It’s a childhood fantasy to believe that every player in a major league clubhouse is a close friend to every other player in a major league clubhouse. Like any workplace, there’s conflict, clashes and little habits that get on the nerves of others. Did Dickey’s sudden fame grate people in the Mets clubhouse? Were they jealous? Probably, especially since there’s a prevailing perception that a knuckleballer is comparable to a placekicker in football and isn’t really getting hitters out as much as he’s tricking them with a pitch they rarely see. Whether or not that’s true is irrelevant. As we saw in the Cy Young Award voting, no one’s giving credit based on how they got their results. Dickey was among the top pitchers in the National League and garnered enough votes to win the award. The Cy Young Award, like Reyes’s batting championship is a title based on so many factors that it shouldn’t enter into the equation as to whether or not a player stays or goes.
How many players are there about whom teammates, on-field management, front office people and opponents don’t roll their eyes and whisper to media members of how annoying they are? In today’s game, there’s Mariano Rivera. 30 years ago, there was Dale Murphy. Apart from that, who?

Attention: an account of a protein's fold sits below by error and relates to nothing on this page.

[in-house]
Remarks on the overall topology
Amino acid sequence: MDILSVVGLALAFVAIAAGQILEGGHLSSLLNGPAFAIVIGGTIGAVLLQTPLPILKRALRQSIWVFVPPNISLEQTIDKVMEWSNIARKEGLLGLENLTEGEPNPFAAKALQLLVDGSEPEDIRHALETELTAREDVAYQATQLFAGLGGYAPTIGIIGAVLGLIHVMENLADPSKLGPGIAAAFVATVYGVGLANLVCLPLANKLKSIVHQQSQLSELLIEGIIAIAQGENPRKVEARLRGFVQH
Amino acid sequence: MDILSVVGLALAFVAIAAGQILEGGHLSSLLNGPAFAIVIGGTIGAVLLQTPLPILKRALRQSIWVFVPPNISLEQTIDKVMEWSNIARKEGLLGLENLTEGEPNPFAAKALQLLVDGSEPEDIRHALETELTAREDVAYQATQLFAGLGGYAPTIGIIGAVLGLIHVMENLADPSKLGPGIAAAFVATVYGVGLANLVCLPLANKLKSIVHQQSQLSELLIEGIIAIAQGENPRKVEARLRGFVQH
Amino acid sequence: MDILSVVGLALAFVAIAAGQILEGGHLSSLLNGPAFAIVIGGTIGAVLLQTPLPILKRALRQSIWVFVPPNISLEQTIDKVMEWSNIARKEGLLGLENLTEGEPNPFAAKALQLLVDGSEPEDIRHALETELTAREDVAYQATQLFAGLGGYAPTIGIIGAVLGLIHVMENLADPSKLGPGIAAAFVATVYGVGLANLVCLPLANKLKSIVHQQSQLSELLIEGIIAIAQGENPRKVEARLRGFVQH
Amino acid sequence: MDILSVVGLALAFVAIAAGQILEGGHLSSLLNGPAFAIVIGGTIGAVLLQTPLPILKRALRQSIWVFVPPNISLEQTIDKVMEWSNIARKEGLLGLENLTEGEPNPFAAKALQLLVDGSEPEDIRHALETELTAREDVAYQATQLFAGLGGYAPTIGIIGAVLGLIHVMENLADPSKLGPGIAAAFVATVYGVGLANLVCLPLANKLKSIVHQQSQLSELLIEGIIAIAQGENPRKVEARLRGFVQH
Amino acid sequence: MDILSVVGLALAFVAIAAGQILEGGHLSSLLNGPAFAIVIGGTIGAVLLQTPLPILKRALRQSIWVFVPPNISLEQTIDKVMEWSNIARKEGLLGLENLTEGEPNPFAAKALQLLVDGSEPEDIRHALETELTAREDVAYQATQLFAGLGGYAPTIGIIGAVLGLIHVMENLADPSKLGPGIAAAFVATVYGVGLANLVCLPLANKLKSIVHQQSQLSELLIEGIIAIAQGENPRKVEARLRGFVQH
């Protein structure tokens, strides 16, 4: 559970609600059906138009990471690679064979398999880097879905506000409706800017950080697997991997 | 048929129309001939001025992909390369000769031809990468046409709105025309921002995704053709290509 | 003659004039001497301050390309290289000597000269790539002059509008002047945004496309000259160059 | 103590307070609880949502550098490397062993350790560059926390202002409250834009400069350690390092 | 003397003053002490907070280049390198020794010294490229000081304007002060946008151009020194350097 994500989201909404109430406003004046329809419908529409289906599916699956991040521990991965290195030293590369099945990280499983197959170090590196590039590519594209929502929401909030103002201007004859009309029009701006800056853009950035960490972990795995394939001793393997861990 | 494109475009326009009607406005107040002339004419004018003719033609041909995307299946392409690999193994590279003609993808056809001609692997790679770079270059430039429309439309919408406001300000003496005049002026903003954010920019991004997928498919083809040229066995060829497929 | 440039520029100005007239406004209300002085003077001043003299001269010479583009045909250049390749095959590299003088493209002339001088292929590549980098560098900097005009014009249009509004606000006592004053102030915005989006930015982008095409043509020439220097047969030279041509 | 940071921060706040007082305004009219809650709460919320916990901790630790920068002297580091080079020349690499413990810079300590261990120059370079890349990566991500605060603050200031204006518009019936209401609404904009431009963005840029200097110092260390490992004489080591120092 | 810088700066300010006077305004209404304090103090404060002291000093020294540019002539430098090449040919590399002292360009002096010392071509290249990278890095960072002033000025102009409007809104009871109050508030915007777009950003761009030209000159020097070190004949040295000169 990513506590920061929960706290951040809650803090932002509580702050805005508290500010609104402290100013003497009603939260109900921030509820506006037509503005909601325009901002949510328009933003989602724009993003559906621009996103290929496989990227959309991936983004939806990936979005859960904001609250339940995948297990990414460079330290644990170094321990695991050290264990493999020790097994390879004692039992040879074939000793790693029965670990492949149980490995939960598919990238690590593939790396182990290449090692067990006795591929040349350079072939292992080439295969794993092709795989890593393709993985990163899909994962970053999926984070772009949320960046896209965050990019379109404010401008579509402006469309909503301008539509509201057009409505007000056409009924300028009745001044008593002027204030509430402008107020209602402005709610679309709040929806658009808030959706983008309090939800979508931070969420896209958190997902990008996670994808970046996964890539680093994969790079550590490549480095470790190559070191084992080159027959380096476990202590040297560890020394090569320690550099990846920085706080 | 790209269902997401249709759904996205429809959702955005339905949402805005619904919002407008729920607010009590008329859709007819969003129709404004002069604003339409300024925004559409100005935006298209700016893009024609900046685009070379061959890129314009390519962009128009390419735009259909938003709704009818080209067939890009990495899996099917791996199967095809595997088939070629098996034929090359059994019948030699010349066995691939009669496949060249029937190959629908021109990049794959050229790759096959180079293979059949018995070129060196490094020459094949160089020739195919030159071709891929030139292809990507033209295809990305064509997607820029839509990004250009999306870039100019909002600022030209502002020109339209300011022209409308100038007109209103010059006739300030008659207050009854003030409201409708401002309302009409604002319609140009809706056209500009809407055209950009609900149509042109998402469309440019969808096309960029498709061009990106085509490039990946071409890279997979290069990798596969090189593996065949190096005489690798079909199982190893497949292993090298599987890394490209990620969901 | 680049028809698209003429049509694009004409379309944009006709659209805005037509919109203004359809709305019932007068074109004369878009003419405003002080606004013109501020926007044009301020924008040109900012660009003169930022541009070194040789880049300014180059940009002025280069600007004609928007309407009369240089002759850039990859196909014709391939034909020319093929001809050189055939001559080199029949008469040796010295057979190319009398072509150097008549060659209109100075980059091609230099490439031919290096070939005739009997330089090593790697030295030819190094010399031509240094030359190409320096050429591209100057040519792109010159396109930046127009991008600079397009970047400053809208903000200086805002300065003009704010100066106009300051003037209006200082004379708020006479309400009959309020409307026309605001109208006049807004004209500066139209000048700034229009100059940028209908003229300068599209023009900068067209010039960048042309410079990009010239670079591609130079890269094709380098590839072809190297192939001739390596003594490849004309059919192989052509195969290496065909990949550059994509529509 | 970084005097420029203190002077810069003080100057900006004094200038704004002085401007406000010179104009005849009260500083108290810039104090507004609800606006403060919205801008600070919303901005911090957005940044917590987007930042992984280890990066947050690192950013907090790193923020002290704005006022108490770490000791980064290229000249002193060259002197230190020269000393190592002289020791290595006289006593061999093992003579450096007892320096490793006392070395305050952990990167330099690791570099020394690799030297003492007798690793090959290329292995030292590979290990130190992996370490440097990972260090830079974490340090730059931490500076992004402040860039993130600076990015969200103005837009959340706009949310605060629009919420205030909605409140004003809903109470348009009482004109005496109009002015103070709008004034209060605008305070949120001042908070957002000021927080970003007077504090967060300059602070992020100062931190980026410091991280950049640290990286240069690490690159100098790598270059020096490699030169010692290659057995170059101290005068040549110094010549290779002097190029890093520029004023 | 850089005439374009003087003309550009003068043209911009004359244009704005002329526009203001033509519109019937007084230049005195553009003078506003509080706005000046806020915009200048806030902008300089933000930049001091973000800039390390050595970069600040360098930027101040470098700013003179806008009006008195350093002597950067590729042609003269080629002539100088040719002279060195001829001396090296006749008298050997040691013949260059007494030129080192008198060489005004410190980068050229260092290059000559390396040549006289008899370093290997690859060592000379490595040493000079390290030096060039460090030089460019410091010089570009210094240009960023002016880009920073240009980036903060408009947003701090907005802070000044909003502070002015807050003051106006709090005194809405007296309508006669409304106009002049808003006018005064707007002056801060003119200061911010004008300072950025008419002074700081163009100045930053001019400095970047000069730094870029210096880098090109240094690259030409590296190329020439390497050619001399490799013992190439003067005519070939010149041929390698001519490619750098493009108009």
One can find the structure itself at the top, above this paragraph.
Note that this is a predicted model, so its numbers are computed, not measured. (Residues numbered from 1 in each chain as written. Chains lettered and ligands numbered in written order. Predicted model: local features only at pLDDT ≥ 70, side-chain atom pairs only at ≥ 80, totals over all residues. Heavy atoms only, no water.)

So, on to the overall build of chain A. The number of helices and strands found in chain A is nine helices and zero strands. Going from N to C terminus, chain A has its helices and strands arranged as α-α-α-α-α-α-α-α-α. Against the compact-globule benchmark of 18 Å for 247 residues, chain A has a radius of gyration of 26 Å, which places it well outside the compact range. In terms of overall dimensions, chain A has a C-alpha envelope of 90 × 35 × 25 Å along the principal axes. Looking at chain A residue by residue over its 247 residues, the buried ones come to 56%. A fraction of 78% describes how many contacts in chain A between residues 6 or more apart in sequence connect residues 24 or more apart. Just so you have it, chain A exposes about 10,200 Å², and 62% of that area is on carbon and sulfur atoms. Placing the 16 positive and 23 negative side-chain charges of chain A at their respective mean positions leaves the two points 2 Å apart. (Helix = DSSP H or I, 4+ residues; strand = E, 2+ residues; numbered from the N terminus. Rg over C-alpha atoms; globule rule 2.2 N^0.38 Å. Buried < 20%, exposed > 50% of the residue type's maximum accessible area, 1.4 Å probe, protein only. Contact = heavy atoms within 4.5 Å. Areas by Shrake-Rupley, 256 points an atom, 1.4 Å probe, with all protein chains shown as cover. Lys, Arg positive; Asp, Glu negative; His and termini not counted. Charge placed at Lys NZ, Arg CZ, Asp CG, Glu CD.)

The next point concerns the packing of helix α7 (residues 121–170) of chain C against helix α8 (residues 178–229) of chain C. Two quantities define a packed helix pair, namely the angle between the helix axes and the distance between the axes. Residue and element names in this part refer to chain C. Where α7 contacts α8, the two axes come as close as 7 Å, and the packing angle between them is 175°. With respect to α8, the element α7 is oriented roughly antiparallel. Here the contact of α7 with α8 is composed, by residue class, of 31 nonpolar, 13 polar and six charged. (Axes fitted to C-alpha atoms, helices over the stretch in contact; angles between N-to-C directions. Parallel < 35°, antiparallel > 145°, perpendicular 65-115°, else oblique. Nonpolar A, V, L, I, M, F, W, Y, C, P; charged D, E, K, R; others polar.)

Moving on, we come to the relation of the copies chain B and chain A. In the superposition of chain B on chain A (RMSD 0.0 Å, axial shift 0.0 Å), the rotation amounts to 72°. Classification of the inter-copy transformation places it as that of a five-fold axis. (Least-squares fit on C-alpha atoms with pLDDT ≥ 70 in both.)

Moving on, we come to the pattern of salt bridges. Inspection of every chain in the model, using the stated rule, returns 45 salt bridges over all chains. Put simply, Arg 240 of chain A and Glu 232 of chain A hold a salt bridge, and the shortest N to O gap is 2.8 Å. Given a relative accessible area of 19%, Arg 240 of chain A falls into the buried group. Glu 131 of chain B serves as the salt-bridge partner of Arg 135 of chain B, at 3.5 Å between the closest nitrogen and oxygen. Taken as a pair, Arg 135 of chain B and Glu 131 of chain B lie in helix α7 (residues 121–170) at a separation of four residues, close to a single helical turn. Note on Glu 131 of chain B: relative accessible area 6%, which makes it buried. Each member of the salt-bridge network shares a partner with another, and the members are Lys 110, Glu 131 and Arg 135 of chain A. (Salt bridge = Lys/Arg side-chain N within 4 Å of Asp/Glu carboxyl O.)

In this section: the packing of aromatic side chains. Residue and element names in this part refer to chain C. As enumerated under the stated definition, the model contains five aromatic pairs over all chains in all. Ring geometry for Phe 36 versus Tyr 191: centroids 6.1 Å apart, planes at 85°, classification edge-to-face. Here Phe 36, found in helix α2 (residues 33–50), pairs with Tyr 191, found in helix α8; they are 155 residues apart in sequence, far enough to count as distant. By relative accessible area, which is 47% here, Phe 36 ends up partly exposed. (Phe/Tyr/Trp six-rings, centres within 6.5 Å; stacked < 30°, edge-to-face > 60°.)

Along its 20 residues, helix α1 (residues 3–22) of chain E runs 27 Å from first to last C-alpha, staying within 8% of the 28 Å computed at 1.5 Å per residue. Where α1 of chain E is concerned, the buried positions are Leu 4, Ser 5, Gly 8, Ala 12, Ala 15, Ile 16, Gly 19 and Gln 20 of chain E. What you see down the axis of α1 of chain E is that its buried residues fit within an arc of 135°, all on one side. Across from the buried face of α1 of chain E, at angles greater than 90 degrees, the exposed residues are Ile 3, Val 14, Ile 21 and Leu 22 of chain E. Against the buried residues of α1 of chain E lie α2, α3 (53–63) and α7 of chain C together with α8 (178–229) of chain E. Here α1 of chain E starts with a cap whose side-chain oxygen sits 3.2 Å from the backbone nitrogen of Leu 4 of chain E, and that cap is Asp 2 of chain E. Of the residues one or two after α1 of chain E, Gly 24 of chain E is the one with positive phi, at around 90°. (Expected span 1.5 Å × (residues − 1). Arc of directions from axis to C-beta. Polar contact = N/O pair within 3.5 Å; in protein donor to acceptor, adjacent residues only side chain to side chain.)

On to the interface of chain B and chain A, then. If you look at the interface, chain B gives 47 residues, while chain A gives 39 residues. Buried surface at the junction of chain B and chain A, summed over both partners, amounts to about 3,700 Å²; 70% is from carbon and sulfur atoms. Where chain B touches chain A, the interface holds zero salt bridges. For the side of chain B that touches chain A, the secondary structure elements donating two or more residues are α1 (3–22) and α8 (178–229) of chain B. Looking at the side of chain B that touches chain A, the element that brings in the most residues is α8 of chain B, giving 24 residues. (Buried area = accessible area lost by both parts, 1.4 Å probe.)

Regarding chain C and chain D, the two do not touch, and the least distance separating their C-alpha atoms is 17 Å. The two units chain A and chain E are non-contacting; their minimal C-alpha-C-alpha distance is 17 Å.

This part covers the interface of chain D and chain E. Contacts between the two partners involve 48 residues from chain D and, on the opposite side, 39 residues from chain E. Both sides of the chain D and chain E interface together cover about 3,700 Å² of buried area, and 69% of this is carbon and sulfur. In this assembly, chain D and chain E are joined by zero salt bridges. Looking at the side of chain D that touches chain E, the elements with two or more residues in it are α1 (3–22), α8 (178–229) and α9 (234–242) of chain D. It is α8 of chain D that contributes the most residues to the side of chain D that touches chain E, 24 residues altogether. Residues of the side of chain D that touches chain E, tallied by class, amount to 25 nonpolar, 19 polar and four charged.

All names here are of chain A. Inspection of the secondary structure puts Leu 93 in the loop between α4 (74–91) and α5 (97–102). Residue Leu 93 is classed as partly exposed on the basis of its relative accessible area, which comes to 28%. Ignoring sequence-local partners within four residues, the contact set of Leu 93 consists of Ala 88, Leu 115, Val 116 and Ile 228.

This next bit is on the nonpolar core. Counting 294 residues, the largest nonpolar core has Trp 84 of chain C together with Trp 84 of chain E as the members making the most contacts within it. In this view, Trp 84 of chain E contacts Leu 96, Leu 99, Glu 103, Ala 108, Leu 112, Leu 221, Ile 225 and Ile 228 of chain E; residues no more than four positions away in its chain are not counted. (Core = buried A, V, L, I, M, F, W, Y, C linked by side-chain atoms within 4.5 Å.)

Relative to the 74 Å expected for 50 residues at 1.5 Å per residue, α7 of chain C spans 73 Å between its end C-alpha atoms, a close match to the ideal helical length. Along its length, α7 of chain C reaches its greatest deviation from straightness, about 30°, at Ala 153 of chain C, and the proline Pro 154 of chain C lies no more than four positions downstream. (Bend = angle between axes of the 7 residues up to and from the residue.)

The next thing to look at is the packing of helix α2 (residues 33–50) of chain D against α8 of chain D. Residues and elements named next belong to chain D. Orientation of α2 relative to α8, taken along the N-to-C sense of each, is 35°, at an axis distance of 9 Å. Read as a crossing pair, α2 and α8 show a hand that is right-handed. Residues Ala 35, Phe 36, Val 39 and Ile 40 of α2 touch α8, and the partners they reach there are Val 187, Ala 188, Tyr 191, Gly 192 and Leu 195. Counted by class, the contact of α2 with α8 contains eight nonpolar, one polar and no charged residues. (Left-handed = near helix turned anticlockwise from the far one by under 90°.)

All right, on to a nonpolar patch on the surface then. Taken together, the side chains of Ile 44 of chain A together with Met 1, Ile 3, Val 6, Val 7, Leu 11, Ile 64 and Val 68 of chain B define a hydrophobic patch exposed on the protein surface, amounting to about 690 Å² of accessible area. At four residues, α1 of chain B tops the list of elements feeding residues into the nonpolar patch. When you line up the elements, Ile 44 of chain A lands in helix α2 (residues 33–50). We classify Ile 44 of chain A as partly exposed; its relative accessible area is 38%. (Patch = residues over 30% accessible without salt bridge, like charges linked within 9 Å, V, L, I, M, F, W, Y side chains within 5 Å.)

Even Goose Gossage, who has replaced Bob Feller as the Hall of Fame’s grumpy old man in residence, doesn’t criticize Rivera personally when going into one of his rants about closers of today that should begin with a fist pounded on the desk and, “In my day…” and end with, “Get off my lawn!!!”
On the opposite end, there are players universally reviled like Barry Bonds. Most are in the middle. People can still do their jobs without loving the person they work with.
The trade of Dickey was baseball related and nothing more. It was the right call.
7 thoughts on “The R.A. Dickey Trade, Part I—The Rumors Are Lies”
Agree with a lot of what you’re saying. the d’Arnaud/Syndergaard haul for Dickey is a massive get for the Mets.